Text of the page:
Sunday, June 4, 2017

Boston Celtics: The NBA's Next 'Super Team?'

I will be the first to admit it; I have doubted virtually every move Danny Ainge and the Celtics have made over the last 18 months. From the 2015 NBA Draft (the offseason of 'fireworks'), to the signing of Al Horford.

Ainge and the Celtics seemed to be holding back and plotting a course for nowhere fast. This 'no action is the best action' broke most die-hards into two distinct camps;

1 - The "Why are we wasting these assets and doing nothing?!”


2 - The “Just wait it out and build through the draft” camp.

To be clear, I was in group one, with no reserve or desire to be in the latter….until last week.

After the Celtics season coming to a close, I decided to take a closer look at the possibilities that were ahead for the C’s and realized something I have missed for almost two years. Boston has had a detailed plan all along, and it doesn’t conform to either frame of thought that almost all Celtics fans have been clinging to.

In fact, it seems as if major media, fans, and even most analysts have missed the bigger picture altogether. Simply put, the Celtics aren’t trying to duplicate the 'old Big Three' structure…they’re working to assemble the Eastern Conferences first 'Big Four' with the most impressive supporting cast in recent memory.

Here’s how:

Signing a 'Max' level contract player this summer
  • Once Boston allows its free agents to be (Kelly Olynyk, Amir Johnson, Jonas Jerebko, Gerald Green, and James Young) to hit the market along with releasing Tyler Zeller from his non-guaranteed $8 million contract, the Celtics will have roughly $64 million against the 2017-18 salary cap. With the most recent cap increase to $101 million for next season, Boston will be left with approximately $37 million to spend in the free agent market.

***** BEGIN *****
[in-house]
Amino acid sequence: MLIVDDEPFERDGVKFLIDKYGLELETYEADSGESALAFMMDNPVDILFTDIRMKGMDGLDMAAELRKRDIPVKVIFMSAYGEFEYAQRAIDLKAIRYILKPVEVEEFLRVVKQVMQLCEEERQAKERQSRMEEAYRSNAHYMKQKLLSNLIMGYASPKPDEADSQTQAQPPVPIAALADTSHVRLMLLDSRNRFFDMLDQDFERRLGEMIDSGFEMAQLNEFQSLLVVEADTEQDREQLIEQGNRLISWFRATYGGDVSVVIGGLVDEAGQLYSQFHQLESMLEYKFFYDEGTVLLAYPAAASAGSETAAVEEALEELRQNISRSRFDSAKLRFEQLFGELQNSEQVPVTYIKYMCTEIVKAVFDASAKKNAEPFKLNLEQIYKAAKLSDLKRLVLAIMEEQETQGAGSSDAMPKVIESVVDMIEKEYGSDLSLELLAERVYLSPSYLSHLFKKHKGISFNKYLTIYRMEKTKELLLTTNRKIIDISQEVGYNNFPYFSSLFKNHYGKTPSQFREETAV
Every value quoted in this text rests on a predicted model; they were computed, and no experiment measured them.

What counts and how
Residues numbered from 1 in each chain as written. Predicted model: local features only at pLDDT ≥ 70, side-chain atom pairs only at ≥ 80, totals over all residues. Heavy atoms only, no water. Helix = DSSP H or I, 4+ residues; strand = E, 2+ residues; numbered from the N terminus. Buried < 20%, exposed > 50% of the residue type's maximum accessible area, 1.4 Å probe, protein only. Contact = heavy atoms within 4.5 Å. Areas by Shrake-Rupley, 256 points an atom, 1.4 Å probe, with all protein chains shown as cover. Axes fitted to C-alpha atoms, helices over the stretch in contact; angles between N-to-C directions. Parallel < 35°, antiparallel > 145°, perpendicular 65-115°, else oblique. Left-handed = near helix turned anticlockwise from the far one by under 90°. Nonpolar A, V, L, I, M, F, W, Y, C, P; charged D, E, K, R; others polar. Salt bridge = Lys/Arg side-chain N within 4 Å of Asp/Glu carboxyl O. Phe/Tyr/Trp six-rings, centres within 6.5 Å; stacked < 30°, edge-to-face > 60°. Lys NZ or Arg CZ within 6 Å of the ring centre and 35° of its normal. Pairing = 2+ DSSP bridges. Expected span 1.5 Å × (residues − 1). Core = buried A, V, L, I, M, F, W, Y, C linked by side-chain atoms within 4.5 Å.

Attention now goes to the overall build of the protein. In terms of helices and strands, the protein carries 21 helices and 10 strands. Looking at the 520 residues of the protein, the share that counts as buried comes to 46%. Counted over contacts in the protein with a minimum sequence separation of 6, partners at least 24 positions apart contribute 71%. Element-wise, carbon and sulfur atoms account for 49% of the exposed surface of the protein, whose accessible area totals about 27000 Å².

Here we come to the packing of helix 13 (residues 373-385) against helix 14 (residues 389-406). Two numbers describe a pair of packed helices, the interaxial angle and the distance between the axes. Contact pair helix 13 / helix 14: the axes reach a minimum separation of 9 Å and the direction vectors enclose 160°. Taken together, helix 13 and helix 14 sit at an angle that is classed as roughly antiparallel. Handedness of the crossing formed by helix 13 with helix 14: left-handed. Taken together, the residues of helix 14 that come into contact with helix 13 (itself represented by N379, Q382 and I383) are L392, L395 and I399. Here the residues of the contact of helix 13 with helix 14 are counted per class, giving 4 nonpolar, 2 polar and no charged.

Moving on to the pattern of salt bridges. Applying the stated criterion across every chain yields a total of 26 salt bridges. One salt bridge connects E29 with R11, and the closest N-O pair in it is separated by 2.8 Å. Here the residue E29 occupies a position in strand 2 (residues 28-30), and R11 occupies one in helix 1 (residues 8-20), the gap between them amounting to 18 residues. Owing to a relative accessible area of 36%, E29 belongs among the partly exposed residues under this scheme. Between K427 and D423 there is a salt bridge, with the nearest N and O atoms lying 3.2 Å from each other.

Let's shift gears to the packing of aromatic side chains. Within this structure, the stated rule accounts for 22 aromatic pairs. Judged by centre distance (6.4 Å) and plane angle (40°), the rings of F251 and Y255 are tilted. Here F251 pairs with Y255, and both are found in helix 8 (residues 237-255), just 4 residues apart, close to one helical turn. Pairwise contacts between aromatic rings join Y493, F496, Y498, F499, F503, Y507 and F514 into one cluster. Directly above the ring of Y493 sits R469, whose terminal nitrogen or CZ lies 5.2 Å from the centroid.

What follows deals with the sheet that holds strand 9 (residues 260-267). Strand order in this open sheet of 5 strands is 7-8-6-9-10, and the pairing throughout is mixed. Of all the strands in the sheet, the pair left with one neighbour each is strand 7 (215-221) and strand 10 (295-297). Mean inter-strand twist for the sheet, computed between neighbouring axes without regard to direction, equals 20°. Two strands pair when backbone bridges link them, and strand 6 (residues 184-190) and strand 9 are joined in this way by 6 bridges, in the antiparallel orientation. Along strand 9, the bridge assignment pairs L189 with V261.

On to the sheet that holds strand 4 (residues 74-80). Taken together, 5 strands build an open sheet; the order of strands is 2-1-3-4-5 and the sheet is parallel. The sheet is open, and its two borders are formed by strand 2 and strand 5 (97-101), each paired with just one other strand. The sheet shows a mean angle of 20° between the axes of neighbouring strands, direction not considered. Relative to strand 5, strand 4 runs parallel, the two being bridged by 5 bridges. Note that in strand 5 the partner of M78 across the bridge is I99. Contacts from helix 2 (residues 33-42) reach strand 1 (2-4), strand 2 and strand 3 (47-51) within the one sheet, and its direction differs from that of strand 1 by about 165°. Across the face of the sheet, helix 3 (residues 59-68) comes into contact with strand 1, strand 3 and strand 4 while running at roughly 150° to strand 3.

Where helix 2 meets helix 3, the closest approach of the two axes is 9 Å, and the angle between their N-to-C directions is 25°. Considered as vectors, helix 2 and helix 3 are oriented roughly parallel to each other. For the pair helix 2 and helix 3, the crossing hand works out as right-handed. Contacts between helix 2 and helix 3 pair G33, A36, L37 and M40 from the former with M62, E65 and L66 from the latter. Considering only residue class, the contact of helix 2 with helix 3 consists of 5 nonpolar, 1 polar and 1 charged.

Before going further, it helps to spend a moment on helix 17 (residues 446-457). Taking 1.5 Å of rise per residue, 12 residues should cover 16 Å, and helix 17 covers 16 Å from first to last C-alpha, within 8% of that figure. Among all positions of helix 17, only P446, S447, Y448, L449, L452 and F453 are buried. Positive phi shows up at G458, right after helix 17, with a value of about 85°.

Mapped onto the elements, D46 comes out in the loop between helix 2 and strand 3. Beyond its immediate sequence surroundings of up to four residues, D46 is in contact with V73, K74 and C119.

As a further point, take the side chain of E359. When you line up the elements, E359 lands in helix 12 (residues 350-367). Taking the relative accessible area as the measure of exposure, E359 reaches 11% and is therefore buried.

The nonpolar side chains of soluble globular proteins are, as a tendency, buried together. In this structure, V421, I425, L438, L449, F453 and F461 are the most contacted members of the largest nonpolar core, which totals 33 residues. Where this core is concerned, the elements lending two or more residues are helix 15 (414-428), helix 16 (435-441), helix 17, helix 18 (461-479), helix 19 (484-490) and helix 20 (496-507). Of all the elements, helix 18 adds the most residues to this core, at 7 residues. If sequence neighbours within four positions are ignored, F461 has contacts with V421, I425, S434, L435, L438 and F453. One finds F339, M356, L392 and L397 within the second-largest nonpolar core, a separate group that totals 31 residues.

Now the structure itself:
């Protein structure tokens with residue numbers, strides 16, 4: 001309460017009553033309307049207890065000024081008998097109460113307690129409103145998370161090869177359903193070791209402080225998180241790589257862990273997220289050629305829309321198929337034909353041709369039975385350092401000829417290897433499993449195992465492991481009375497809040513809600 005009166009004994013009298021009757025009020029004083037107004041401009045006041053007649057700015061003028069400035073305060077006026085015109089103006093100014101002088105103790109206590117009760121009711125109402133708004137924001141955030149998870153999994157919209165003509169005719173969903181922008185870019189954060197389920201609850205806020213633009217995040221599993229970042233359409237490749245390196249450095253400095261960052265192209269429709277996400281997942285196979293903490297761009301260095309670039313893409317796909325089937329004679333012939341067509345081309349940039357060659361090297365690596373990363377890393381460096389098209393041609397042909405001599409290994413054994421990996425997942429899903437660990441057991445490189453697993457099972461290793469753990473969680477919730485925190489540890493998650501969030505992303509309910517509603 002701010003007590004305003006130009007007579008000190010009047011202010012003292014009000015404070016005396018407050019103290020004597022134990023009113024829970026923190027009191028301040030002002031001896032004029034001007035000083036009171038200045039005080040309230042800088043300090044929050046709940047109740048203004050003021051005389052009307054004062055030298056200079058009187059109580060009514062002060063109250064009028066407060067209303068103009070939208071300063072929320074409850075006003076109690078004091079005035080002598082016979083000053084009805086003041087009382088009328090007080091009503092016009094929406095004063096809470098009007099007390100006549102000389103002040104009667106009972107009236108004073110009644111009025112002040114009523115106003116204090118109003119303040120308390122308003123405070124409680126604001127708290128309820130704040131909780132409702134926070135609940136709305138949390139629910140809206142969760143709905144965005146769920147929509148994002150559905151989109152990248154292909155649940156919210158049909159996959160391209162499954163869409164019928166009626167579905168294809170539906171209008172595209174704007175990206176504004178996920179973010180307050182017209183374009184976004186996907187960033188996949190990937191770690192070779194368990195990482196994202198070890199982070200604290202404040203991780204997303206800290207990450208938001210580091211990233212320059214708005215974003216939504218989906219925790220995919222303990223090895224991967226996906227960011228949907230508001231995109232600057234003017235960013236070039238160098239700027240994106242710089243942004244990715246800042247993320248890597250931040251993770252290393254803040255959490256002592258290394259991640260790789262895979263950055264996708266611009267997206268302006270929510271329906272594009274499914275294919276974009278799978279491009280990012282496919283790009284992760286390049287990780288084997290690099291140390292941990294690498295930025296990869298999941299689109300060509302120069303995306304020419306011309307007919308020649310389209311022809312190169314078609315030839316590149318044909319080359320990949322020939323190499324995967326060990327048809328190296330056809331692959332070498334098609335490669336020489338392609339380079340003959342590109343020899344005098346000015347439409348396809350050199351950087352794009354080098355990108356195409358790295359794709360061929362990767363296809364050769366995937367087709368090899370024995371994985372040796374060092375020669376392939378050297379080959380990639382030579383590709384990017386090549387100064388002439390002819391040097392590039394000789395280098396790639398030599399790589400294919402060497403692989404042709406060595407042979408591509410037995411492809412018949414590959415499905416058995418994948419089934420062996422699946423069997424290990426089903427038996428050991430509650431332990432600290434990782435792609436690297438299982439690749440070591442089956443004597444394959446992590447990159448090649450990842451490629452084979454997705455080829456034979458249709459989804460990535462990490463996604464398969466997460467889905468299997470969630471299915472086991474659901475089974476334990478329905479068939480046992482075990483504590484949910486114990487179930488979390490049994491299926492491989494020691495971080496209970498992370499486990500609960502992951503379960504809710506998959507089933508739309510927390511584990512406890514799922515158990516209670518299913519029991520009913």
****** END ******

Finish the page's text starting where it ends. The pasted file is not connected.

• This massive amount of cap flexibility will allow the Celtics to easily splurge on any of the top players in this summer’s free agent class with many believing Utah Jazz forward Gordon Hayward being the primary target. Assuming this deal is completed for the anticipated numbers; Hayward (or any max deal) would cost about $30.5 million against the cap, obviously fitting comfortably within the Celtics budget… now they just need to actually sign the player. 
Draft and keep the No. 1 overall pick from the 2017 NBA Draft 
  • Boston will have a number of suitors to trade the top pick in this month’s NBA draft but expect Danny Ainge to make the pick. Expect him to do so for a multitude of reasons but possibly none more important than the simple fact that a top pick (i.e. Markelle Fultz) is only going to cost approximately $7 million against the cap annually.  
Do NOT extend anyone
  • Much of the 2016-17 season has been a debate about if Isaiah Thomas is a max contract level player in the NBA and when to extend the “Little Guy." I am here to tell you, DO NOT extend him. Ainge has waited this long for a reason and if he extends Bradley, Thomas, or Smart he would be undoing everything. While it is risky, Boston will be allowing for those players to hit the market in the summer of 2018 (Smart would be restricted if offered a qualifying offer) and the possibility of losing them is distinct but this would be a risk Ainge and the Celtics would need to take in order to…
Sign a third max contract in the summer of 2018 
  • The ability to add a third max contract will rely entirely on Boston’s ability to maintain flexibility with its current contracts and not adding any additional players to its 2018-19 roster that haven’t been mentioned above. Most NBA executives project the salary cap to be close to $108 million for 2018 free agency which when coupled with the convenience of having only an anticipated $86 million against the cap for 2018-19, the Celtics should be in the clear to add a third max deal if they clear space by moving Jae Crowder and his $7.3 million as well as an additional $5.9 million by trading or not picking up options on Terry Rozier, Demetrius Jackson and Jordan Mickey... but we're not done yet.